Now Excel is going 3D
Data is at the core of Excel. Getting the data you need and quickly refreshing it is vital to everyday workflows. Microsoft provides you access to your company or organization information from Power BI as a data type in Excel. “Datatypes” allows any cell that contains a rich set of organized data that can be updated directly from a live data source. Data types contain all the information you need to write formulas, create charts, sort, filter, and make decisions based on what Excel brings to you. Forget about manually going back to the source and pitting down everything into the grid.
In March 2018, Microsoft bestowed Excel its first two data types: Geography powered by Bing and Stocks powered by Refinitiv. In March 2020, Microsoft committed to bringing new data types for over 100 topics powered by Wolfram Alpha. Today, the more significant news is that Microsoft is finally giving businesses what they want: data types based on their customer data.
Integrating Power BI natively into Excel
Power BI is Microsoft’s business analytical tool that has over 250,000 customers. It believes that Microsoft would start there to help businesses access their Excel data, hence integrating Power BI into Excel. Power BI data types are now available today in Excel for all Microsoft 365 subscribers with a Power BI Pro service plan.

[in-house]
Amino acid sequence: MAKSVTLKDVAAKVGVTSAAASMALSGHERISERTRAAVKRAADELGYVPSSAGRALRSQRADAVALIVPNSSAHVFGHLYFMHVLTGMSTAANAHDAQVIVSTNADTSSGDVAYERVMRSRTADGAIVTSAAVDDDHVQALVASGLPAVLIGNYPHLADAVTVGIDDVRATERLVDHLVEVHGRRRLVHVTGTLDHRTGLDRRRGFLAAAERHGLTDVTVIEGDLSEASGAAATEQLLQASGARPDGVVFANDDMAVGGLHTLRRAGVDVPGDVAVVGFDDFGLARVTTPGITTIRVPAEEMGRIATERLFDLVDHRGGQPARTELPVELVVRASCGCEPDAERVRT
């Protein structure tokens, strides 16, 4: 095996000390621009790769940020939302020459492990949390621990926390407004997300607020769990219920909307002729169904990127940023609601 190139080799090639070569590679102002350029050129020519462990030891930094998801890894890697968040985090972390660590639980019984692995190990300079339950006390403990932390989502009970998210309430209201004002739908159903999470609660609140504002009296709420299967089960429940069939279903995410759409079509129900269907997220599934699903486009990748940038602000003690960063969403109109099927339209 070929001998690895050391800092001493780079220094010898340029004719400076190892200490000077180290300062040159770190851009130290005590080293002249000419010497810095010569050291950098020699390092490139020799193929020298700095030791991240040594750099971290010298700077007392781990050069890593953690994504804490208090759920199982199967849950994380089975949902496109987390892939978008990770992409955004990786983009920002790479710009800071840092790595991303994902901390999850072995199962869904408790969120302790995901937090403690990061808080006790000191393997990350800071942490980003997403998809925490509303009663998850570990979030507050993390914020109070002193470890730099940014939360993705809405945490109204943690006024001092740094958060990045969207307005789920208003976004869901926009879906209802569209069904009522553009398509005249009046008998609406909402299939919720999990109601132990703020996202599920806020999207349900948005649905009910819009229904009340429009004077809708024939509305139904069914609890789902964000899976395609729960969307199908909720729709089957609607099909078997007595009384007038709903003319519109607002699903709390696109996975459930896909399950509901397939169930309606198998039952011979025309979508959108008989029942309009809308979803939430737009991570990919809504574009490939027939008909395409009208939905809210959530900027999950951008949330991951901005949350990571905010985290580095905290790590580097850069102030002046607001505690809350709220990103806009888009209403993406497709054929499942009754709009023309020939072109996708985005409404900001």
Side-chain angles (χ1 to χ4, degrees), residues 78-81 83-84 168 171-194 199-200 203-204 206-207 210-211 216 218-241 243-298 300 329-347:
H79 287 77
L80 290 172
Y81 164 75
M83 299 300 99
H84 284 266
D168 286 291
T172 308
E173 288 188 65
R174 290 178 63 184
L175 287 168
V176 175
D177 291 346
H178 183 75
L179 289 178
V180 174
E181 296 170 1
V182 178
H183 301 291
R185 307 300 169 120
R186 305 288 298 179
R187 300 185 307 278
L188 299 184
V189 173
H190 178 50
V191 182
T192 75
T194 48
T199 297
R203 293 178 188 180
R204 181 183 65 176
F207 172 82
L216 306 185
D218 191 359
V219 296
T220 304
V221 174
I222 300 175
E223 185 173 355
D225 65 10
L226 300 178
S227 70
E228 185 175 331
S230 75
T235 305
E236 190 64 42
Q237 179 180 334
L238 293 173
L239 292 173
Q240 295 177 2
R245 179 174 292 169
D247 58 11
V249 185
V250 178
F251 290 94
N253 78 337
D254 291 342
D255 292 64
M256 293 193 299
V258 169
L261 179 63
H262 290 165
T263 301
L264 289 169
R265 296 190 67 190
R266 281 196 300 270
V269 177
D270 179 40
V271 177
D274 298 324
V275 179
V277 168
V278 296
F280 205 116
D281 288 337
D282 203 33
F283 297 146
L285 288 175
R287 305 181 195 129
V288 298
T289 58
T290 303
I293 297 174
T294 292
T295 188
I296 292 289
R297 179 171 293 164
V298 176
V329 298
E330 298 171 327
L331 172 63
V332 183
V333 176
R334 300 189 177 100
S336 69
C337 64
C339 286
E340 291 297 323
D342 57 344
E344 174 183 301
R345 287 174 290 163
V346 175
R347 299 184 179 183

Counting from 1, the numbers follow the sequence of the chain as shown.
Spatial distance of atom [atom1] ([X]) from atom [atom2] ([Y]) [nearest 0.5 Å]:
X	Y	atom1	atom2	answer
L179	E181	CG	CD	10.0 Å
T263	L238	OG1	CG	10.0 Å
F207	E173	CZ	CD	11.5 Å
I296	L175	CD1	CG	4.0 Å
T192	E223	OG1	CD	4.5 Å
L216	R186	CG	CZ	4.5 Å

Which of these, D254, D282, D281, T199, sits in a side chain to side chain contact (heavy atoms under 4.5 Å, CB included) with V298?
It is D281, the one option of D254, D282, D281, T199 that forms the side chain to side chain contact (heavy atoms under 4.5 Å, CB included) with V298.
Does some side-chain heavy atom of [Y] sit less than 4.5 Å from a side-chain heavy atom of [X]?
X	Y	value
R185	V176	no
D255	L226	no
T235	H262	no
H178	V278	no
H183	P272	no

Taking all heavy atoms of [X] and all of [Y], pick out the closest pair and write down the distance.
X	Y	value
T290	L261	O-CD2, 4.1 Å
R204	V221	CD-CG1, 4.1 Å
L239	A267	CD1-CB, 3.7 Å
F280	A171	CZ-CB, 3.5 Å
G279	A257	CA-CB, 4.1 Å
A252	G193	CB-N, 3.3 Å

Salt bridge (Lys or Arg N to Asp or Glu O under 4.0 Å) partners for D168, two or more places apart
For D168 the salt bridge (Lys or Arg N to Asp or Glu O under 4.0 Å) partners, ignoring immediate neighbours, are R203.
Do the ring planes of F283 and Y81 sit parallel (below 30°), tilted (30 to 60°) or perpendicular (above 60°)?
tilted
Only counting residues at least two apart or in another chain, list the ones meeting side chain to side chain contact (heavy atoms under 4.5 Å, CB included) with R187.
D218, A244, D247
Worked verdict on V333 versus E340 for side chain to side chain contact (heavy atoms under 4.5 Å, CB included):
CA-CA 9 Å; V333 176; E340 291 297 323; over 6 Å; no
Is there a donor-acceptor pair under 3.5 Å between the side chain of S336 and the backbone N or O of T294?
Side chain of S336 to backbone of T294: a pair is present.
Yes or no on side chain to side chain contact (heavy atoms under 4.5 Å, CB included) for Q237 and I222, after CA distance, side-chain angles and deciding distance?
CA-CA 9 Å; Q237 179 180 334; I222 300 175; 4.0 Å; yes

Power BI supports up to 400GB of data sets. These data models can be IT-certified and Microsoft Information Protection labels. For example, you can apply a security policy to mark them as highly confidential.
When you create reports or dashboards in Power BI, it’s these Power BI datasets that Microsoft has integrated directly into Excel.
How do Datatypes work in Excel?
Say you monitor your customers in Power BI. You can import any customer data for analysis into Excel as a data type of how you or your company has identified a “customer.” Excel can now automatically access any information published in Power BI from corporate origin you have access to
Power BI tables are accessible to you through the data types gallery. Once cells have been transformed into linked data types, you can extract additional data to work within your spreadsheets.
Microsoft believes data types will give you more confidence in the Excel data you are viewing. Not only do data types help you keep away from copy/paste errors, but you can always monitor to see where the value in a cell is coming from.
Getting the latest data
If you’re going to work with huge datasets, those large bits should be stored using an external source. Fetching the latest data from the library, data stream, or website will simply require you to refresh the data using an updated feature. This helps refresh data at certain intervals.
The last thing a business needs is for data in spreadsheets to be overwritten with errors because the data source is unavailable. If the tool is not working correctly, Excel does not update the data. All the latest information is stored in the Excel file and is only replaced if Excel successfully runs the Refresh. Excel will pull down the latest information to get to the data (you have the correct permissions and are online).
Excel spreadsheets with Power BI are about to get a lot more powerful — and a bit more complicated. If data types are held on, you’ll have to be conscious of when a given Excel file was last modified and when it pulled the latest data for every data type therein.